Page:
So the next time you look at an awful WoD on the board, don't think (you thought positively) "I'll try..."  That's just leaving off the "...if I can, I guess..."  Think "I'm doing this."  EVEN if it DOES chew you up and spit you out, at least you hit it with everything you had, rather than with the mental parking brake on, wondering why its just so damn hard.  Now, it might be hard, and you still might fail. Hey, it happens. Sometimes, someone else is doing their thing a little bit better than you (consider the Olympic example: every athlete who gets a Silver Medal is still better than literally 99.9999999999999...of all other humans in all of history. But not on that day. It happens.)

"Try not. Do. Or do not. There is no try."

Sunday, July 13, 2014

Not even just 'Frenemies?" CrossFit and the NPGL

The teams of the inaugural season of the NPGL. (adapted from
You ever notice how there are those combinations of things that just ought to be GREAT, but ultimately, just fail to stick together? Vinegar and oil. Mentos and Diet Coke. [Insert some trendy celebutant] and [Insert some other celebutant]?!

Who are these people?! (Just kidding, Ozzy rules!!)

I'd have thought, after 10 years of steady growth, of really enjoying the thrill of kicking pretty much the entire fitness industry in the collective nuts (1), CrossFit TM would enjoy a new bit of friendly competition. It certainly gives another aspect into the dominance they have over the performance fitness universe they ultimately built from the ground up (2). Or, given that seemingly 90+% of their on- and off-Grid talent is coming out of the CrossFit community, the NPGL would be eager (or at least not reluctant) to name what appears, at least for now, to be the very best way to get in shape for their new sport!

Instead, we get this weird radio silence. Which isn't EVEN as good as if there were outright hostilities, so at least we'd all know where we all stood. Nope, this is like when parents are fighting, but the shouting has stopped... and the house is now icily quiet. Every one keeps their heads down, tries not to drop anything, or in any way add to the tension...

I've watched two 2-hour NPGL competitions so far. Wall-to-wall in CrossFitters. I literally JUST watched some of them at the CrossFit Regionals this year. They interviewed them. The C-word never ONCE came up. I can ONLY assume they've been banned (or at least strongly warned) against using it, but why? Marcus Hendren is on the DC Brawlers, who just edged out the NY Rhinos (still not sure about the name, kids). Why do I know who the goober with the iffy hair who exercises really well is? CrossFit. His interview? "I'm here with the team, we're gonna try to work together, communication, Grid, opportunity, Grid, Brawlers.... blah blah blah." Not one mention of "I came in fourth place to some seriously god-like MFers at the Central East Regionals, which means *I'm* pretty much god-like, and I'm gonna rip some shit up and show people what CrossFittians can do!! Hendren SMASH!! "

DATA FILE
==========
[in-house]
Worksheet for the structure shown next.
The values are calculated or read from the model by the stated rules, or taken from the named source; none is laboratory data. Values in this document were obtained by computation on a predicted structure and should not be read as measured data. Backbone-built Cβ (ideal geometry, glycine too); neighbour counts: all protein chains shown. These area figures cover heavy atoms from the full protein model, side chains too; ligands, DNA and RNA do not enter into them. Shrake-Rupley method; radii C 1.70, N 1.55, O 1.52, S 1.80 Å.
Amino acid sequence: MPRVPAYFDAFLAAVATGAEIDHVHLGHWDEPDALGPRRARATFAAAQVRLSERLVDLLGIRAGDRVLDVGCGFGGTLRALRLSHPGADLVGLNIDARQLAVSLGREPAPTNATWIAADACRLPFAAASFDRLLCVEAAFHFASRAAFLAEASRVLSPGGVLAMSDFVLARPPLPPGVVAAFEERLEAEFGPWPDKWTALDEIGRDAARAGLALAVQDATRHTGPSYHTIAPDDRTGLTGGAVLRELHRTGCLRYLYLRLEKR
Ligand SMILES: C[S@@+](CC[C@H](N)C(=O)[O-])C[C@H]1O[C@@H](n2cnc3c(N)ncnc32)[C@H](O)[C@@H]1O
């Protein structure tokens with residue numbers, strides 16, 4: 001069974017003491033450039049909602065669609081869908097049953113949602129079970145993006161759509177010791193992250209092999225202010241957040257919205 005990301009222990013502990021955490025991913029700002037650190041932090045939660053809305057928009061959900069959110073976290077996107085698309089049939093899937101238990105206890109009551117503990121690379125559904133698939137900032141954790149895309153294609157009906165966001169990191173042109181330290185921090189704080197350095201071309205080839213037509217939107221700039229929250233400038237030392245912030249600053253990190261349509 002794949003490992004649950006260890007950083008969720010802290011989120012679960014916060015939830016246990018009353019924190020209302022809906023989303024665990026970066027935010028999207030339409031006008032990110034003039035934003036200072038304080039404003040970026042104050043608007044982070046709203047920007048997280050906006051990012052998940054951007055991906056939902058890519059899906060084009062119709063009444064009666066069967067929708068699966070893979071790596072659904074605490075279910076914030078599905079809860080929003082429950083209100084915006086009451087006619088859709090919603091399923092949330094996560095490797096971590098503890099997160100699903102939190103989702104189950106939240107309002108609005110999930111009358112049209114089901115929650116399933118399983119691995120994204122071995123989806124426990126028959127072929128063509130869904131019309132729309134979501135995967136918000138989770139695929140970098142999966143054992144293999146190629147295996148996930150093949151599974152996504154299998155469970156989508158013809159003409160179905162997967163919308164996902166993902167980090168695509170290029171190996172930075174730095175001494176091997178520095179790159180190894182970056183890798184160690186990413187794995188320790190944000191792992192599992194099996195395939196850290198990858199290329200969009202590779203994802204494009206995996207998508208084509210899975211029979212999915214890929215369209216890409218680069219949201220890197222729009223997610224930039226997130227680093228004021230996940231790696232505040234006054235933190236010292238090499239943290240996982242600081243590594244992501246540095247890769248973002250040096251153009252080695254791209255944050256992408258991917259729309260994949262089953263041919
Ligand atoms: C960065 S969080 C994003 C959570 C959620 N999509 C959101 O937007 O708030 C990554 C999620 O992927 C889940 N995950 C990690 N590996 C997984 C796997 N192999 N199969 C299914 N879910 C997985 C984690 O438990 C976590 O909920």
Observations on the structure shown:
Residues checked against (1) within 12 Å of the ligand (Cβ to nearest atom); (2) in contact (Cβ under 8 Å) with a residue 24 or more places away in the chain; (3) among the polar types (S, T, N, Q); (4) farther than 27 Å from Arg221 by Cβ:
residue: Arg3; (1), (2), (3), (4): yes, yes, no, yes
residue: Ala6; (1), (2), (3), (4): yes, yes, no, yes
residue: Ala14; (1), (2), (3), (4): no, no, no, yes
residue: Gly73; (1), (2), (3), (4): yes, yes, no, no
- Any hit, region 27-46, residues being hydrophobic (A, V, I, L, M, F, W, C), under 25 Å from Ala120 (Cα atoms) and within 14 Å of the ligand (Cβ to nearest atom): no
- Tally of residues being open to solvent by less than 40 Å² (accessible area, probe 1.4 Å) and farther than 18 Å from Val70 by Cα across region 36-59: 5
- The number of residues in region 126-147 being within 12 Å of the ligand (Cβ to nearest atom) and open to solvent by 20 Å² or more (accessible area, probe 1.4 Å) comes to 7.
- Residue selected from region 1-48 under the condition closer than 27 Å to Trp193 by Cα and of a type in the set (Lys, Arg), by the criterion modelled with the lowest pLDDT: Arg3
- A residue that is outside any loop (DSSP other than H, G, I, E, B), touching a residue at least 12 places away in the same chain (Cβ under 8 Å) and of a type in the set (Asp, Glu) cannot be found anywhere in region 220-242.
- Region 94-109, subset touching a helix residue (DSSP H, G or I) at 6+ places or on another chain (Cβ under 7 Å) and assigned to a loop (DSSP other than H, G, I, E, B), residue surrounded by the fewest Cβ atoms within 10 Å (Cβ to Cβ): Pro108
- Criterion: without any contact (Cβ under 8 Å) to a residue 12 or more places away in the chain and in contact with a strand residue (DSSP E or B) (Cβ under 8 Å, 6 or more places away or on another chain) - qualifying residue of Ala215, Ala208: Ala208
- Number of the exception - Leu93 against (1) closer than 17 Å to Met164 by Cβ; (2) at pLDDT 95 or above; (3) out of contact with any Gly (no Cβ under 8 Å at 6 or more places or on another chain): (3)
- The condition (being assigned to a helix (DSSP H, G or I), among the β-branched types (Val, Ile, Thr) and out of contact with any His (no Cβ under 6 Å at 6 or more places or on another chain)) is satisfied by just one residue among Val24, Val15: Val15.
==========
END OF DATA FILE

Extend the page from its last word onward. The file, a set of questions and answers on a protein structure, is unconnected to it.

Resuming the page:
"Hendren SMASH!!" If he didn't yell that, it was a missed opportunity. (

On the other hand, the NPGL commentators were reduced to having ***NOTHING*** to talk about. Where did all these ridiculously fit young (and slightly older) fitness athletes come from? Apparently vomited forth from the Grid itself, given there was NO background given for anyone. There was much talk about "generalists" vs. "specialists," which *I* know meant "well-rounded CrossFitter" vs. "powerlifter/gymnast specialist." Which again, would be OK if there was enough discussion of that actually means, in other words, who's made what trade-offs in their training. 10 heavy deadlifts coming up? Gimme a cockstrong deadlifter who can lift 10x as much, so can bomb through them! Need someone to knock out 20 bar over burpees? Apparently (according to the DC/NY match) a gymnast is what you need to bomb them out in 20 seconds... but WHY is that the case over a generalist? You know, and *I* know, but to whoever might be discovering the sport on their own... there's just NO background, no discussion....

"So, this guy comes to us from... uh, whatever. You know? Just... whatever, man. You're not my dad." (